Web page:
IT Center decreases number of free prints from 200 to 150


    Students may be in for a surprise when they print at the Mary Couts Burnett Library this semester.

    According to an email sent by the TCU Information Technology Center Tuesday morning, the number of free prints allowed to students has dropped from 200 to 150 black and white pages per semester.

    The decision was made in order to lower the price of print jobs and make the printing program more sustainable, according to the email.

    According to an analysis from Information Technology Center, the average student prints 329 pages per year, Chief Technology Officer Bryan Lucas said.

    “The reality is that the [free print] program is losing money,” Lucas said.  “We lost about $17,000 last year on printing pages.  About 71 percent of all pages printed last year were free, and that number was a huge increase from two years ago.  The decision was to either lose more money or cut off the prints, and we felt that lowering the prints was the fairest way to handle that.”

    Junior nursing major Gladys Bowen was upset with the announcement.

     “It’s not fair,” Bowen said.  “I’m in the nursing program and I have clinicals.  I have to print off all these papers for each individual patient; it’s not just for one class. Just the clinical papers alone fill up one entire binder.  I go through these prints in about a week.”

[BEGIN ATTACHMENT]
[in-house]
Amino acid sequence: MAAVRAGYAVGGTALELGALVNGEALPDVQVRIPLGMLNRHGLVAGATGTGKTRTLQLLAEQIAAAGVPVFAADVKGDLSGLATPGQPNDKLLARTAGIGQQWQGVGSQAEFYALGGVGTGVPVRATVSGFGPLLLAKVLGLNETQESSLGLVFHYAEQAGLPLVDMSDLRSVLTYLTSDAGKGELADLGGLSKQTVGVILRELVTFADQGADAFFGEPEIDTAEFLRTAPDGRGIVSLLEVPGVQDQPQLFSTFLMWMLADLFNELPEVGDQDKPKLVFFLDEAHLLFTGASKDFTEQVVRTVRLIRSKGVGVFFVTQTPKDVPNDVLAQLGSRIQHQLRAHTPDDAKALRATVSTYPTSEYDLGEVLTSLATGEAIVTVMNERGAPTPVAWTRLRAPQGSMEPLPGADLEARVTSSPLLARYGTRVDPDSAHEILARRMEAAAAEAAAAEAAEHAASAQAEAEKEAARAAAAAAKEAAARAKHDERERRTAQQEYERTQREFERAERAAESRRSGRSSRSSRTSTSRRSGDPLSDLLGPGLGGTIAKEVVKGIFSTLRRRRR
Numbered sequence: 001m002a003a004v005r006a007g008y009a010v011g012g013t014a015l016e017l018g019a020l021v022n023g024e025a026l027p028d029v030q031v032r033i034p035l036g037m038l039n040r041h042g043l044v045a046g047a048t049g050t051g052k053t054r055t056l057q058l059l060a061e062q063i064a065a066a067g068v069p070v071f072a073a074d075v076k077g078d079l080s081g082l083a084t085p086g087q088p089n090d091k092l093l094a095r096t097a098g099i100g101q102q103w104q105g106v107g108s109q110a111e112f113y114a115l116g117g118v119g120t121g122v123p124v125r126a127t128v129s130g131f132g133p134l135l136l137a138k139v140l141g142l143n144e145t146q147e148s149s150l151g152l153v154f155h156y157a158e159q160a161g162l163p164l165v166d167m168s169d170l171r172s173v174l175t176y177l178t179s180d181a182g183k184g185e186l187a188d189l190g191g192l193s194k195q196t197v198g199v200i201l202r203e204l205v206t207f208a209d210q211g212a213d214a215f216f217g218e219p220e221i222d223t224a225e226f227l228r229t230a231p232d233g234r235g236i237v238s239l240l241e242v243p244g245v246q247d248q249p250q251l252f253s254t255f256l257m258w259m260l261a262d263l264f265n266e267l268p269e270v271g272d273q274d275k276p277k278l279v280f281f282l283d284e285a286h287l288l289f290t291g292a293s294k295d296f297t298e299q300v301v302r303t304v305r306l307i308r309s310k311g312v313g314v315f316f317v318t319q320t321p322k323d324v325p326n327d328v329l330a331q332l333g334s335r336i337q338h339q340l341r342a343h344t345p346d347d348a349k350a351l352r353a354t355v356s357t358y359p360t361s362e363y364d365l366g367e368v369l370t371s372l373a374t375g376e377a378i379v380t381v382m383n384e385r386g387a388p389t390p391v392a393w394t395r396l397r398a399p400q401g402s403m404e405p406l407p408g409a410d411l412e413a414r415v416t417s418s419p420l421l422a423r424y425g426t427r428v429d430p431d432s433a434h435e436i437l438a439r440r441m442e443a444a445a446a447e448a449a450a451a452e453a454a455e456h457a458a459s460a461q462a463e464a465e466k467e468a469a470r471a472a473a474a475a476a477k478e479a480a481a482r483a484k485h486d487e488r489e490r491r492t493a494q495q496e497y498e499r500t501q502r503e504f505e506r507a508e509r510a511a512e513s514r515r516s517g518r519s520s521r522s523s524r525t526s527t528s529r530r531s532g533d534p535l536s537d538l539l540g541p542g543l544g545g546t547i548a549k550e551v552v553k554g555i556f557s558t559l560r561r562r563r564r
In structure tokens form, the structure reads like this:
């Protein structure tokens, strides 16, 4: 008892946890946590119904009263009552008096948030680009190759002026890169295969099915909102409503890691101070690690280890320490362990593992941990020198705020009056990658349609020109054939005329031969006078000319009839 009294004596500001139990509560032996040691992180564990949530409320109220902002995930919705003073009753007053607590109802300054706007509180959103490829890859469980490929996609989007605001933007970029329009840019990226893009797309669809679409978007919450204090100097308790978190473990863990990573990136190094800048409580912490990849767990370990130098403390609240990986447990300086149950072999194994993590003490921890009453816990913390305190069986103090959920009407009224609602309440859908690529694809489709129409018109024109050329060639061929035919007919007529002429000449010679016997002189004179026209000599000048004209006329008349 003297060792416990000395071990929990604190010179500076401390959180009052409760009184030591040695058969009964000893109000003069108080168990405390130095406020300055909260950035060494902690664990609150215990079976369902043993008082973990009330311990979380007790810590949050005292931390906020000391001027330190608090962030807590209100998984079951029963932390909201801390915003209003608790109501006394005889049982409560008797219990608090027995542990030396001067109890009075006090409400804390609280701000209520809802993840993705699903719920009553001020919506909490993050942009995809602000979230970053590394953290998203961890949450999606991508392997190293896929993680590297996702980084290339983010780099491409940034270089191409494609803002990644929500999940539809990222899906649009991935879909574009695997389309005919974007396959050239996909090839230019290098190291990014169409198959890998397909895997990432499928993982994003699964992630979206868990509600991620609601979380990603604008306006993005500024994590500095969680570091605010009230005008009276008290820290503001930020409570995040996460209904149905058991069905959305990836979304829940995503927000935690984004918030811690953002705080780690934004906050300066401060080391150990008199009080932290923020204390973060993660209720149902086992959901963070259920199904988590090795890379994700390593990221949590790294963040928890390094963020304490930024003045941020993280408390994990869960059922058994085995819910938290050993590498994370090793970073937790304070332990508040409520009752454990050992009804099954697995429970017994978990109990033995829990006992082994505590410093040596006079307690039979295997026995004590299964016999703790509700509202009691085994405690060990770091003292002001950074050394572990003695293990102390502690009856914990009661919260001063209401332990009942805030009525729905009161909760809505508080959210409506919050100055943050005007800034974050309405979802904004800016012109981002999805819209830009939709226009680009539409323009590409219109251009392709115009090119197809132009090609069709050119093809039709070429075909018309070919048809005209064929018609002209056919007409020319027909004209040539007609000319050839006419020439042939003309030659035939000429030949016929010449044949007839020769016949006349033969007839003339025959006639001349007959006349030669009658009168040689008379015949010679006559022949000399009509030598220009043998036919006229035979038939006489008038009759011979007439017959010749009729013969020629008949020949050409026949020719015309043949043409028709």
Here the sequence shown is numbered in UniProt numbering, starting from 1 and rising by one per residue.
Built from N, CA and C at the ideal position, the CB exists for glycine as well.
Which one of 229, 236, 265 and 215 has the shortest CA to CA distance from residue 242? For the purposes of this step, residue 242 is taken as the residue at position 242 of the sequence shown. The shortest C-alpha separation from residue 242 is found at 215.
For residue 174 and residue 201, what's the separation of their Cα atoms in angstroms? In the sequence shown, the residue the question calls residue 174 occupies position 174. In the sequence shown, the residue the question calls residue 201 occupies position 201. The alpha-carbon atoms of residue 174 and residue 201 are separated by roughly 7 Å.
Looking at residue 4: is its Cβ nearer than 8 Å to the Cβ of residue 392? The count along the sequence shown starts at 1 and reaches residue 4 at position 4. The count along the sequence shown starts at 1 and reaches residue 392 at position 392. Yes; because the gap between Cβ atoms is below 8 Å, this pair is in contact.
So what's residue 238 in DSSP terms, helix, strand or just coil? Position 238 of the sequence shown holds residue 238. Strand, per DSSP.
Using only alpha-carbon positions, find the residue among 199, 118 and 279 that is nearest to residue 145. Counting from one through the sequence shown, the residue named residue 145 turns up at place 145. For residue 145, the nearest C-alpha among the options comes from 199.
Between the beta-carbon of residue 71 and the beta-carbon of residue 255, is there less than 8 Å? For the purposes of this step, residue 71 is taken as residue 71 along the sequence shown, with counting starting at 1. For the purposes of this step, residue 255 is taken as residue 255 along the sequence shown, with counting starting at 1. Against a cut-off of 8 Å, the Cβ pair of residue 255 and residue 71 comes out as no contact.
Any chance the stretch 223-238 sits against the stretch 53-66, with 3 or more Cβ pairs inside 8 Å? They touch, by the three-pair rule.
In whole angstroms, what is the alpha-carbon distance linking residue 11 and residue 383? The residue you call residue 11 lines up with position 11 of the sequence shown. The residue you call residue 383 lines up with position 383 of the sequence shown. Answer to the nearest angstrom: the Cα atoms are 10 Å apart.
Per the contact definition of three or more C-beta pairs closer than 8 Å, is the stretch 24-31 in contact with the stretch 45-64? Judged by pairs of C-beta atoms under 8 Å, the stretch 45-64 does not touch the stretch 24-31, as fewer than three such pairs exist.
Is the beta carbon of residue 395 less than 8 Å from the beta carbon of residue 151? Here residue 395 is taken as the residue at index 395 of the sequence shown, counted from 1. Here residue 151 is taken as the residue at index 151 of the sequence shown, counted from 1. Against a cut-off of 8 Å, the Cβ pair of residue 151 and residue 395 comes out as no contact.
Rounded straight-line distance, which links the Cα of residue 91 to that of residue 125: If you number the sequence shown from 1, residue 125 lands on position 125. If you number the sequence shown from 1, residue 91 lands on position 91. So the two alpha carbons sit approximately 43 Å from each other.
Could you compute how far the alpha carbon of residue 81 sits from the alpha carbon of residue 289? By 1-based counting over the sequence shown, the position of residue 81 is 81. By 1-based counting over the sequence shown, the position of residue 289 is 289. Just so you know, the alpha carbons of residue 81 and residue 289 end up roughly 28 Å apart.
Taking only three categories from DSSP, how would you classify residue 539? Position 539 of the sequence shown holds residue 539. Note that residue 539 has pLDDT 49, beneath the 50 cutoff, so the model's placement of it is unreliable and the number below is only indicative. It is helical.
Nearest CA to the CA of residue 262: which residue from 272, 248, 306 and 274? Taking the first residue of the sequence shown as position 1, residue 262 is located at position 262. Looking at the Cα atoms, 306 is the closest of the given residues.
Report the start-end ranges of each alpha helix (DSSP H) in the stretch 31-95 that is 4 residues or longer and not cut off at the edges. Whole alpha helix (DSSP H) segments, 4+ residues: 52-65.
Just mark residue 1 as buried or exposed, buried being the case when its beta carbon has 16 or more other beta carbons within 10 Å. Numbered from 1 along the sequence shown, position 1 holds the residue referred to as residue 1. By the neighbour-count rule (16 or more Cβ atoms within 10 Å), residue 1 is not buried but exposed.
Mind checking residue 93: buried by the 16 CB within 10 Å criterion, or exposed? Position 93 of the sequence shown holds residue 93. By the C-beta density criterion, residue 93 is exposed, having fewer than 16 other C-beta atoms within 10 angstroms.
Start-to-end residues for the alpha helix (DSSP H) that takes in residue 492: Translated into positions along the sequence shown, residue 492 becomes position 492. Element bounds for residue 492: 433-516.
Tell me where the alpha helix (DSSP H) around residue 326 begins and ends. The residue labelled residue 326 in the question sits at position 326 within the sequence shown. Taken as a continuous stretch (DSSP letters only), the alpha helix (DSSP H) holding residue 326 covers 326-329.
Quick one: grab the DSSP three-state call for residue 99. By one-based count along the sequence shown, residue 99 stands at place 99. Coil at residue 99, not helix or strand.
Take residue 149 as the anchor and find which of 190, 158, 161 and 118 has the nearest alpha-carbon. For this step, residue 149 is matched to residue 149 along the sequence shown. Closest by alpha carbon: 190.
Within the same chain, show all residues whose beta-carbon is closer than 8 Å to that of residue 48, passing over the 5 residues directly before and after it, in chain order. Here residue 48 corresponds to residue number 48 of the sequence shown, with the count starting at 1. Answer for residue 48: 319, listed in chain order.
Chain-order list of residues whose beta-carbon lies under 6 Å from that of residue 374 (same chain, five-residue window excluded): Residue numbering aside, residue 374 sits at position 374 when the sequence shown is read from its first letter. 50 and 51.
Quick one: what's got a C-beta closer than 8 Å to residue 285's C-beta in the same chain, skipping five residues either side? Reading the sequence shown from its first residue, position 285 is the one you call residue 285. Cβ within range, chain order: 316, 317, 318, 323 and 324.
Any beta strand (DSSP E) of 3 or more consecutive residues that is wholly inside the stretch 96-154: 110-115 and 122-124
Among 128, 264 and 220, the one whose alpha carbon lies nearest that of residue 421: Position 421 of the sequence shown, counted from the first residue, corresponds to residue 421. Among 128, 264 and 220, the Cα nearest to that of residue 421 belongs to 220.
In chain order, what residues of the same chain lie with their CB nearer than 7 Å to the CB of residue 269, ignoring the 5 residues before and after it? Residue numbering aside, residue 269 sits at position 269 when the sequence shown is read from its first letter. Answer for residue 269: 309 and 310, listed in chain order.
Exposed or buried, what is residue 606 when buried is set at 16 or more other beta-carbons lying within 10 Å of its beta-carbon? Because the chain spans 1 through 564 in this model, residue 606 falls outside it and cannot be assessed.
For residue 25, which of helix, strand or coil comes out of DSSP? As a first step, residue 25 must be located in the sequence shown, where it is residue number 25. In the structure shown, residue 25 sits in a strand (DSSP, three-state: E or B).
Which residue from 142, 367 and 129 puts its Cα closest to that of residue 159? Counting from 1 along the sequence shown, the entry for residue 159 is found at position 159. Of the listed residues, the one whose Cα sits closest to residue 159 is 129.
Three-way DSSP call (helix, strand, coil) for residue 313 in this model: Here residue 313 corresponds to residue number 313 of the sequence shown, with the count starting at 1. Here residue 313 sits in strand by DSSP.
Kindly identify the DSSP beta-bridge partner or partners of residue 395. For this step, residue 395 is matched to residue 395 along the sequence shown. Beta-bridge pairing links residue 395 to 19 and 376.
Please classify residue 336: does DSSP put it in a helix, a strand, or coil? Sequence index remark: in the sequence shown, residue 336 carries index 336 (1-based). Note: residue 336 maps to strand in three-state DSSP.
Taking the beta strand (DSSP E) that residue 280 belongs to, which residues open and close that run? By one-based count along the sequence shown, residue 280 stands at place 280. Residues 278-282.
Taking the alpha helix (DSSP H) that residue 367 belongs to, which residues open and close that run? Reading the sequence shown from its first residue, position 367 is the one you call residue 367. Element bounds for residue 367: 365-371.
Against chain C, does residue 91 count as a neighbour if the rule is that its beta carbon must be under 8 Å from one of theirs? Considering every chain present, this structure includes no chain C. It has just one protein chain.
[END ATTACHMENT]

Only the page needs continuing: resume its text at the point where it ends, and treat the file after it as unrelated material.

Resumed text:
Others said the decision did not affect them.

    “It really doesn’t affect me that much, because I just print off half my stuff at home and half at the library,” said Junior computer information technology major Landon Westrom.

    TCU student body president Brent Folan did not like the news, either.

    Folan, a senior finance major, said that one of his campaign goals when he ran for office last year was to increase the number of free prints available to students.

    “I felt like two hundred wasn’t enough,” Folan said.  “I met with Bryan Lucas last semester to try and get the number of prints increased, and I heard nothing about this change.  I was just as shocked as everyone else when I read the email.”

    Folan said he will meet with Lucas on Friday to discuss the possibility of increasing the amount of free prints in the future.

    Lucas said that raising the amount of free prints for students was “still an option,” but that for right now, “we’re just trying to budget for a new year.”

    The headline was corrected to show which department changed the number of free prints.